The Kenya Conference of Catholic Bishops is calling for peace and unity in the country, following the conclusion of general elections held on August 8. A day after the incumbent, President Uhuru Kenyatta, was declared winner by the Independent Electoral and Boundaries Commission on August 11, the bishops appealed to the president-elect to “move with speed to heal and unite the country,” after what they termed as an “emotive electioneering period.” The bishops also offered to serve as mediators in any further debate of the election results.
Kenyatta’s presidential opponent, Raila Odinga, is disputing the outcome of the election, claiming the entire process was fraudulent. Soon after Kenyatta was declared the winner on Friday night, pockets of violence broke out in some areas where Odinga is considered to enjoy strong support. The Kenya National Commission on Human Rights claims that by Saturday afternoon, 24 people had been killed as a result of excessive use of force by the police in the Kibera and Mathare slums in the capital Nairobi and in the western towns of Kisumu, Siaya, and Migori, areas thought to be Odinga’s support bases. The commission’s chair, Kagwiria Mbogori, called on police to cease using lethal force on unarmed protesters.
Earlier in the day, the Cabinet Secretary for the Interior, Dr. Fred Matiang’i, had refuted allegations that police had fired live rounds at protesters, and said that he was unaware of any deaths that had occurred as a result. Dr. Matiang’i, in a media briefing, stated that the government had always protected the right of citizens to peaceful protest, and that police would provide security to protestors who were peaceful and acted within the confines of the law. He was adamant that criminal gangs were known to attempt to take advantage of protests to loot property, and police were responding with proportional force to the threat posed by the gangs.
The bishops seemed to contradict the Cabinet Secretary’s assertion, stating that they had “received disturbing reports of loss of human lives and destruction of property in some parts of the country.” Just hours after the bishops’ statement, local and international media were reporting on the death of Stephanie Moraa, a 10-year-old girl who was struck in the chest by a stray bullet while playing with her friends on the second-floor balcony of her parents’ house.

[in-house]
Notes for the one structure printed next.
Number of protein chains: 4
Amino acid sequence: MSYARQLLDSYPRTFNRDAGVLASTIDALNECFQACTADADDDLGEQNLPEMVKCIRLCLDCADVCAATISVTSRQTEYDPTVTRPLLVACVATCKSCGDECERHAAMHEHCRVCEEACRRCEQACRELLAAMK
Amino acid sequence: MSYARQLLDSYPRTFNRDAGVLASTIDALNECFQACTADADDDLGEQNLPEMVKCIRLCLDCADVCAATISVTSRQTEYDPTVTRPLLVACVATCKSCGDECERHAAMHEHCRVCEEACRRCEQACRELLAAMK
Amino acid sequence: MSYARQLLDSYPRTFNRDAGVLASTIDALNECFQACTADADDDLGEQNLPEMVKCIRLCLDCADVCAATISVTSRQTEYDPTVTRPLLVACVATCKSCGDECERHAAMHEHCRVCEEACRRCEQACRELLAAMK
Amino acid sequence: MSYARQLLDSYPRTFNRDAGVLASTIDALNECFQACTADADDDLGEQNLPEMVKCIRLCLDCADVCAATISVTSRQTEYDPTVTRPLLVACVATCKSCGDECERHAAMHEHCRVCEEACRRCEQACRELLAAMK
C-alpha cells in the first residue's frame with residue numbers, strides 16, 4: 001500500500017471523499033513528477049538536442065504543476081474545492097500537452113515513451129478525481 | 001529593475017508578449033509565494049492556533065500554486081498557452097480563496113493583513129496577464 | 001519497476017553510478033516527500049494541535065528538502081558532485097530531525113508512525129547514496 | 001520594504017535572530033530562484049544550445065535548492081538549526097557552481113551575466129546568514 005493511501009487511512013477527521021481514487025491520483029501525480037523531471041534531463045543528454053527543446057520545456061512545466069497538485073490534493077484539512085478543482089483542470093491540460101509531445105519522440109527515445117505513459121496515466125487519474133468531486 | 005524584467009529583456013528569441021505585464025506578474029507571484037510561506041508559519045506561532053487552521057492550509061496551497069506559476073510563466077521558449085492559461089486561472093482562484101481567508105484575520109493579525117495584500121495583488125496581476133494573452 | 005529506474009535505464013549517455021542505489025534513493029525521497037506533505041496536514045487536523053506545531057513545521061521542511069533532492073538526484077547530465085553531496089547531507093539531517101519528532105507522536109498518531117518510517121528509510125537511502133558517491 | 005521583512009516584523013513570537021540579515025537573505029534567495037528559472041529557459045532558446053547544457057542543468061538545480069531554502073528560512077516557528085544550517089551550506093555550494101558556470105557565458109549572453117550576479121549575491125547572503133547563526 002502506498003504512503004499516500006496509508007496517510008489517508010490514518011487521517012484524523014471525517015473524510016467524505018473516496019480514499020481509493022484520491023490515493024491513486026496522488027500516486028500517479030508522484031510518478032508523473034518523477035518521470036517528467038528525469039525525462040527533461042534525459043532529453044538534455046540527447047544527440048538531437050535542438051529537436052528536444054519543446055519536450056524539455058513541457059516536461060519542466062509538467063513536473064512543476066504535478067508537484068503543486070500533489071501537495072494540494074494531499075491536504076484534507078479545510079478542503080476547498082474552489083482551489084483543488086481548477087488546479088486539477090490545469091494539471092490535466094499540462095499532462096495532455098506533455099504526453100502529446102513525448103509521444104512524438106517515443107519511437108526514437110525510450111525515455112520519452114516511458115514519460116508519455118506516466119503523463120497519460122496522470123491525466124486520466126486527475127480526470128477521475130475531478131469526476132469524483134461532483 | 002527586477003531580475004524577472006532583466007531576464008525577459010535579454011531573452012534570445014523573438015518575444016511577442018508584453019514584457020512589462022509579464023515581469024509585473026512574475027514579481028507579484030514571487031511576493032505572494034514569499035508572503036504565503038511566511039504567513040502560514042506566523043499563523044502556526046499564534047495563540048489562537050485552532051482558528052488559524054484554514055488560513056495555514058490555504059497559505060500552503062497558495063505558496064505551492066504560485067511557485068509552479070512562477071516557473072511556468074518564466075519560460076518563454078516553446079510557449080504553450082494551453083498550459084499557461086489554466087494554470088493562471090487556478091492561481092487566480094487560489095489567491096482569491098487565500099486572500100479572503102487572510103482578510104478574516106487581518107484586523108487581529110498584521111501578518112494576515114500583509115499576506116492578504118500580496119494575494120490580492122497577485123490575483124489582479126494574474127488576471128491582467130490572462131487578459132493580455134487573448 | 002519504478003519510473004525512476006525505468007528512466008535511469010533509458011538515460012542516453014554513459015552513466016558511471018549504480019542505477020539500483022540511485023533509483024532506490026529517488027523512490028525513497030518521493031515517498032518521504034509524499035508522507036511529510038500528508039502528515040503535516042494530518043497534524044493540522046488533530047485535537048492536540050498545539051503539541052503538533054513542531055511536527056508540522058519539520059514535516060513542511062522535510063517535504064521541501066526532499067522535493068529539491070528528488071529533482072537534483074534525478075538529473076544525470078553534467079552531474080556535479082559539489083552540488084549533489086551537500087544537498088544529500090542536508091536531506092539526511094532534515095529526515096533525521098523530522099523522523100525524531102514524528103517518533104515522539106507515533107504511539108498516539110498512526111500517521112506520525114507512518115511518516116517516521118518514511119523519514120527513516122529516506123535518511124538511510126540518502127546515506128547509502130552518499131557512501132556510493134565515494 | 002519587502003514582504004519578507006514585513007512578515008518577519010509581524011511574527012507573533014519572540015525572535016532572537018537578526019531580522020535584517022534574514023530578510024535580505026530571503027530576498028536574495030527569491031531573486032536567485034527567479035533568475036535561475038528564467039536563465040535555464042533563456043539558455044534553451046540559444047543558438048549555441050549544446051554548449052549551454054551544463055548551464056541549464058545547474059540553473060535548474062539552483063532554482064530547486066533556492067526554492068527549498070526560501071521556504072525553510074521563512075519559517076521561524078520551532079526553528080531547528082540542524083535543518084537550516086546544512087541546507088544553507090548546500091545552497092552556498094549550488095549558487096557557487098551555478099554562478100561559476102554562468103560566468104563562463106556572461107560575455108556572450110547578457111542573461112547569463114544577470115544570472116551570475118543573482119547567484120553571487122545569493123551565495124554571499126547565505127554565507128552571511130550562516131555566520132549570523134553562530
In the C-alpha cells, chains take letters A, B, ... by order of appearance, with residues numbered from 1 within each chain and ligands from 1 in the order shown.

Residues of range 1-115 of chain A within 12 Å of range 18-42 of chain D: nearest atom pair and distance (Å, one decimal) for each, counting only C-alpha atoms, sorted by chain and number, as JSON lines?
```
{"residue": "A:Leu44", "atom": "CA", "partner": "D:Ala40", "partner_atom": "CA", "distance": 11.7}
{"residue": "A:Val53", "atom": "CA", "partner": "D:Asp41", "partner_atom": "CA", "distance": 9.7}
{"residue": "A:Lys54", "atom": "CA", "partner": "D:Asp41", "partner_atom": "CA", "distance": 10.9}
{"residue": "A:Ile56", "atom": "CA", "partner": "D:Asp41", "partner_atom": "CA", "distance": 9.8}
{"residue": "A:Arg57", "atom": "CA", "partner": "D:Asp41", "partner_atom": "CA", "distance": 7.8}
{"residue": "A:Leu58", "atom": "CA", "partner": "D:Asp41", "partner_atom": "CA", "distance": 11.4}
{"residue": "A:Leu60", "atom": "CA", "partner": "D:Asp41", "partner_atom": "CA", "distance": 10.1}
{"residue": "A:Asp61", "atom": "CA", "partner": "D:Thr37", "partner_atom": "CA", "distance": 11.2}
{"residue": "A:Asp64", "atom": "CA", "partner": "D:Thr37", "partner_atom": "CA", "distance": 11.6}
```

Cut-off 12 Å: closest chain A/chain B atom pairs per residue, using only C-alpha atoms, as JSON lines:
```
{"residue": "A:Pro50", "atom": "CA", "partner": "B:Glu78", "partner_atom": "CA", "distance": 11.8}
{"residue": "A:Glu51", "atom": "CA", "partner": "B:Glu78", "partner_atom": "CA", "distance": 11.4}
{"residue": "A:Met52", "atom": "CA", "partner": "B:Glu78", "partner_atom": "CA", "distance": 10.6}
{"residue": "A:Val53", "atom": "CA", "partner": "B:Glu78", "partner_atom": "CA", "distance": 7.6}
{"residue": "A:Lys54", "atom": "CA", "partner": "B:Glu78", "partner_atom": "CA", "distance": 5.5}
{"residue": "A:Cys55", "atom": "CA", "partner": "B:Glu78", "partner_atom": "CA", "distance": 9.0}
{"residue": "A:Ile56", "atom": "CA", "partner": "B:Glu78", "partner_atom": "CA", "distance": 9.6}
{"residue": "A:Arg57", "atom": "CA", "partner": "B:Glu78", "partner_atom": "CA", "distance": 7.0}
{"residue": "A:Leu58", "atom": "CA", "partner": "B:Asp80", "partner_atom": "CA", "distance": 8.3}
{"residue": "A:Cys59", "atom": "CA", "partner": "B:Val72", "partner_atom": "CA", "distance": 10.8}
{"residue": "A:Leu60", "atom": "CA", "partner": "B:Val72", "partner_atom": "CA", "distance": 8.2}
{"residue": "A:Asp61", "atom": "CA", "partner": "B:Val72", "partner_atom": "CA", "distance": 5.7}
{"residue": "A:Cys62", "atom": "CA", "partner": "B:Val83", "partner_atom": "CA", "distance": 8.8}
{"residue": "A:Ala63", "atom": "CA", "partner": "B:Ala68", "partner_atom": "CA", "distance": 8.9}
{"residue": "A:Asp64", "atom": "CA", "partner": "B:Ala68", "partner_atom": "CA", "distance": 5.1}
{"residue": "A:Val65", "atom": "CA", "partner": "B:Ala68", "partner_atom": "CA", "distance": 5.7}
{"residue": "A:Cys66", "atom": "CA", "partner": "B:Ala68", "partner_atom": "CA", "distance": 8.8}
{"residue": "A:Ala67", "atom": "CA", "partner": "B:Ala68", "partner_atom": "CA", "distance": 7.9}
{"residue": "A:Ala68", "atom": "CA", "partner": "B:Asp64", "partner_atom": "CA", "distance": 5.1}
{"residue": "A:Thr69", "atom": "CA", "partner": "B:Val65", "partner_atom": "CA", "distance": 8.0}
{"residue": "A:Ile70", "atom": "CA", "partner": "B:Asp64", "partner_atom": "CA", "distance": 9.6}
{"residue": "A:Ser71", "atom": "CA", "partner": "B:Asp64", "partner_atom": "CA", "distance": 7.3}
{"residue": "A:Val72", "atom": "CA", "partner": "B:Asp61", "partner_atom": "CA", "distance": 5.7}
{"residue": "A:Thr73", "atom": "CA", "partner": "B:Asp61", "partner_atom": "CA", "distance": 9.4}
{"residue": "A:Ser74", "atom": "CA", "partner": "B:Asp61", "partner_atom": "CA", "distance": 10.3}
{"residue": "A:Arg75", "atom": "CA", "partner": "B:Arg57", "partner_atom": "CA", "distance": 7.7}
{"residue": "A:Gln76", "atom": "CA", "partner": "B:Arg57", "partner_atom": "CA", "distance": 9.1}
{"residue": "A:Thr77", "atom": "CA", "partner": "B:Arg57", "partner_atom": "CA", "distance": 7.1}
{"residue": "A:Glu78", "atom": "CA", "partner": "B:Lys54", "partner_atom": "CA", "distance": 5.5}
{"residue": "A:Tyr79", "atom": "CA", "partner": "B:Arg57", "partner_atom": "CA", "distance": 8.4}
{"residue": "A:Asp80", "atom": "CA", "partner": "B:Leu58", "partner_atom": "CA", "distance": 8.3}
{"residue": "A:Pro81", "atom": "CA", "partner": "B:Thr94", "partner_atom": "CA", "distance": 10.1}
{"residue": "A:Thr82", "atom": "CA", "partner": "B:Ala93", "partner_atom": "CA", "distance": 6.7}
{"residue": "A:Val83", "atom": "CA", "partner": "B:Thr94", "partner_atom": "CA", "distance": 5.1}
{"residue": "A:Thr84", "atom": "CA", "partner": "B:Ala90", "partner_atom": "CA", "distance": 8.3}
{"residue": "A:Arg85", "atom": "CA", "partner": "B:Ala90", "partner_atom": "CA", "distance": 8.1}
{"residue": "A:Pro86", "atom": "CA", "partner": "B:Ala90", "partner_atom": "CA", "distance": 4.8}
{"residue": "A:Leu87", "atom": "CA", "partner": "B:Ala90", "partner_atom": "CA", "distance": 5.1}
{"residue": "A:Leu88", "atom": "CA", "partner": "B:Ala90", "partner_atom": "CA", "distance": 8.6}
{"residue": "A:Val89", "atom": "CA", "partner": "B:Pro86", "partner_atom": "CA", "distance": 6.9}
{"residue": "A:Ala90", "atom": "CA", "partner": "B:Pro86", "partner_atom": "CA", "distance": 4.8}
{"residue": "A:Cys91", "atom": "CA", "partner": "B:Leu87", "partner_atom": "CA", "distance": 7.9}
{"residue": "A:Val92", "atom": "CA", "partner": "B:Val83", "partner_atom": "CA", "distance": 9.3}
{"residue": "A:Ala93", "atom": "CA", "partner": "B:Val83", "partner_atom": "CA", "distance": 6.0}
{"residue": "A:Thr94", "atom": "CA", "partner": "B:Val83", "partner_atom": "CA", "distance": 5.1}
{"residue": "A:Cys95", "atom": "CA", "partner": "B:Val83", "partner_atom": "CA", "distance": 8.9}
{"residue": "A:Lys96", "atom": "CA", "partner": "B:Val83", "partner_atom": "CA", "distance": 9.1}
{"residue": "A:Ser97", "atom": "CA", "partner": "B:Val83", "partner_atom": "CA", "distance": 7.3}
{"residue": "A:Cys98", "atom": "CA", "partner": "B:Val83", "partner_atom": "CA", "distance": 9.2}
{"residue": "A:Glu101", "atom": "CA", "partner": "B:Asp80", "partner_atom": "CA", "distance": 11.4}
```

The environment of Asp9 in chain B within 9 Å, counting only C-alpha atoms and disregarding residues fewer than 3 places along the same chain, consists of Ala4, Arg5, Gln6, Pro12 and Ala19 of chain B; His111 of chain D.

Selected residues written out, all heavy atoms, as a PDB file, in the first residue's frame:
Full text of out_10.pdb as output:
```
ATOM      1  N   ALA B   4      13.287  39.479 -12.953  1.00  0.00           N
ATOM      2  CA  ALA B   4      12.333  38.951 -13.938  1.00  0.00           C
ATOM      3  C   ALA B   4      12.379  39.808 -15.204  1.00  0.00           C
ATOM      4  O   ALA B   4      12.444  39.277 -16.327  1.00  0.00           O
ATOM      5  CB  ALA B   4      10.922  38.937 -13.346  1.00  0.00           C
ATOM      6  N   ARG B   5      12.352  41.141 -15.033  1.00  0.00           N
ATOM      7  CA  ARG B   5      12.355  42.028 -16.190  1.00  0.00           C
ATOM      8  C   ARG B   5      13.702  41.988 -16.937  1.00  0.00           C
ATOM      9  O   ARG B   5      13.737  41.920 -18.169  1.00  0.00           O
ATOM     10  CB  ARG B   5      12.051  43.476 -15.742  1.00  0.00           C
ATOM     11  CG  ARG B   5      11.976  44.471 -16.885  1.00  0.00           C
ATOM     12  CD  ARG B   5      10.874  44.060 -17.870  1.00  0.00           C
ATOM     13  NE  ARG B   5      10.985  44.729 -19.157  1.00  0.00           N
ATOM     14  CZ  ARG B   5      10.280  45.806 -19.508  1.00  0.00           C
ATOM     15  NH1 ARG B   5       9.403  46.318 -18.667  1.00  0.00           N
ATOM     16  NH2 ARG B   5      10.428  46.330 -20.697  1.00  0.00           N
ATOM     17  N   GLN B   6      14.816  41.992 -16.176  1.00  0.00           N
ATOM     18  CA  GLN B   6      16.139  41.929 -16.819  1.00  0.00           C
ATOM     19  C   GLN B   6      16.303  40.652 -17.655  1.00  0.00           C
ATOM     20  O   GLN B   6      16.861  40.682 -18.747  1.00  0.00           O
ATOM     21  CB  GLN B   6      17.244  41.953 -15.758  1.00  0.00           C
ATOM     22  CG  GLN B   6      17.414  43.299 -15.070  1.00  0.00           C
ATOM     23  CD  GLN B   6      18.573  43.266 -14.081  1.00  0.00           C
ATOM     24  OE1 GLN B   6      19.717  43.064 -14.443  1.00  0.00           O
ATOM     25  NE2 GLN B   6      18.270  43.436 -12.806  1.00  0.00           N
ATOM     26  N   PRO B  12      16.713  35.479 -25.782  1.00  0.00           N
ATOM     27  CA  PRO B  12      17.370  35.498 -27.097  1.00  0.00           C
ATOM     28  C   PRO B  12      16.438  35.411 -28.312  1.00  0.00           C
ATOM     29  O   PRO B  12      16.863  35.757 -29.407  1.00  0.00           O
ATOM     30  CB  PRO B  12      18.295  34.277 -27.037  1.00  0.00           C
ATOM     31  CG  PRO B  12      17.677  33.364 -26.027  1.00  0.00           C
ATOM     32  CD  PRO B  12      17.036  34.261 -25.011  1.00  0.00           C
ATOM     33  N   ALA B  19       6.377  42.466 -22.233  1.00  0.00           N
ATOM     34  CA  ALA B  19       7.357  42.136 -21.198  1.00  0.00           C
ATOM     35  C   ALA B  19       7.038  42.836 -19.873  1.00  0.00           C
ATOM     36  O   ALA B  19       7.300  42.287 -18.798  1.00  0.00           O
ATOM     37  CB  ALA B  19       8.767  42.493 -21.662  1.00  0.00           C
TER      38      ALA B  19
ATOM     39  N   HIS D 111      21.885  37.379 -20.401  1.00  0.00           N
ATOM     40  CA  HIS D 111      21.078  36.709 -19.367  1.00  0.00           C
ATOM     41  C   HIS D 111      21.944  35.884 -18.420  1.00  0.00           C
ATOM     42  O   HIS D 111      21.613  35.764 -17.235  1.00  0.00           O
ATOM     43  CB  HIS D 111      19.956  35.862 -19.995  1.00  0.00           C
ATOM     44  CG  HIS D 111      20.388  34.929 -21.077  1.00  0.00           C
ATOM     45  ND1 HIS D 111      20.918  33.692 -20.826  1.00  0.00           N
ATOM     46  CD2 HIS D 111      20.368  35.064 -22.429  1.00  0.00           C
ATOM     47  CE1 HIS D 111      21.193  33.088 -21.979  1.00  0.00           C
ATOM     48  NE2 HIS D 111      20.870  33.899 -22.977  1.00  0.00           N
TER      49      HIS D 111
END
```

The bishops are urging the police to respect the sanctity of life and to exercise restraint as they go about keeping law and order. “We once again emphasize that no life should be lost because of an election,” the bishops said.
The current situation evokes dark memories of the post-election conflict that was experienced in Kenya in December 2007 and January 2008, which left more than 1,200 people dead and more than 600,000 displaced. The violence was precipitated by a disputed presidential election between Odinga and then-president Mwai Kibaki. At the time, the electoral commission had pronounced Kibaki the victor, under circumstances that lacked transparency and credibility. In the mediation process that followed, chaired by former UN Secretary General Koffi Annan, a power-sharing agreement was reached, with Odinga being named Prime Minister and Kibaki president. The two men shared cabinet posts between their parties, and a new constitution was approved in an August 2010 referendum, ushering a new form of de-centralized governance. The rallying call was, “Never again,” with politicians pledging to ensure that the country would never experience bloodshed on account of political competition.
The 2013 elections, though a marked improvement on the 2007 edition, experienced its own share of challenges. Kenyatta and his running mate were both facing charges of crimes against humanity at the International Criminal Court based in the Netherlands at the time, and faced off with Odinga, who was making a third attempt at ascending to the presidency. Odinga lost the election, an outcome which was upheld by the Supreme Court in a unanimous decision, after listening to his petition contesting the result.
Today the Kenyan bishops are imploring Odinga to seek redress through legal means. However, the opposition leadership is insisting that they will not be going to court this time round. This has created concerns that opposition supporters may interpret their leaders as calling for street protests, even though Odinga and his coalition have repeatedly called on supporters to “remain calm.” The bishops seem to have picked up on this mixed messaging as well, and urged “all politicians to be sensitive and ensure that their choice of words and way of communication promote unity, peace, and reconciliation.”
In his acceptance speech, President Kenyatta extended an olive branch to Odinga, referring to him as “our older brother,” and pledging to “serve equally all those who voted for us and all those who did not vote for us.” He went on to invite the supporters of “those who won and those who lost” to shun violence and instead to reach out to each other, as “we have no other country to call home but Kenya.”
While the bishops have now made themselves available to mediate the dispute, it remains to be seen if the political players will be willing to sit together at the table for the good of the country. The statements and actions of the opposition leadership, and the reaction and approach of the security agencies, are set to shape how the current impasse will play out in coming days and weeks.
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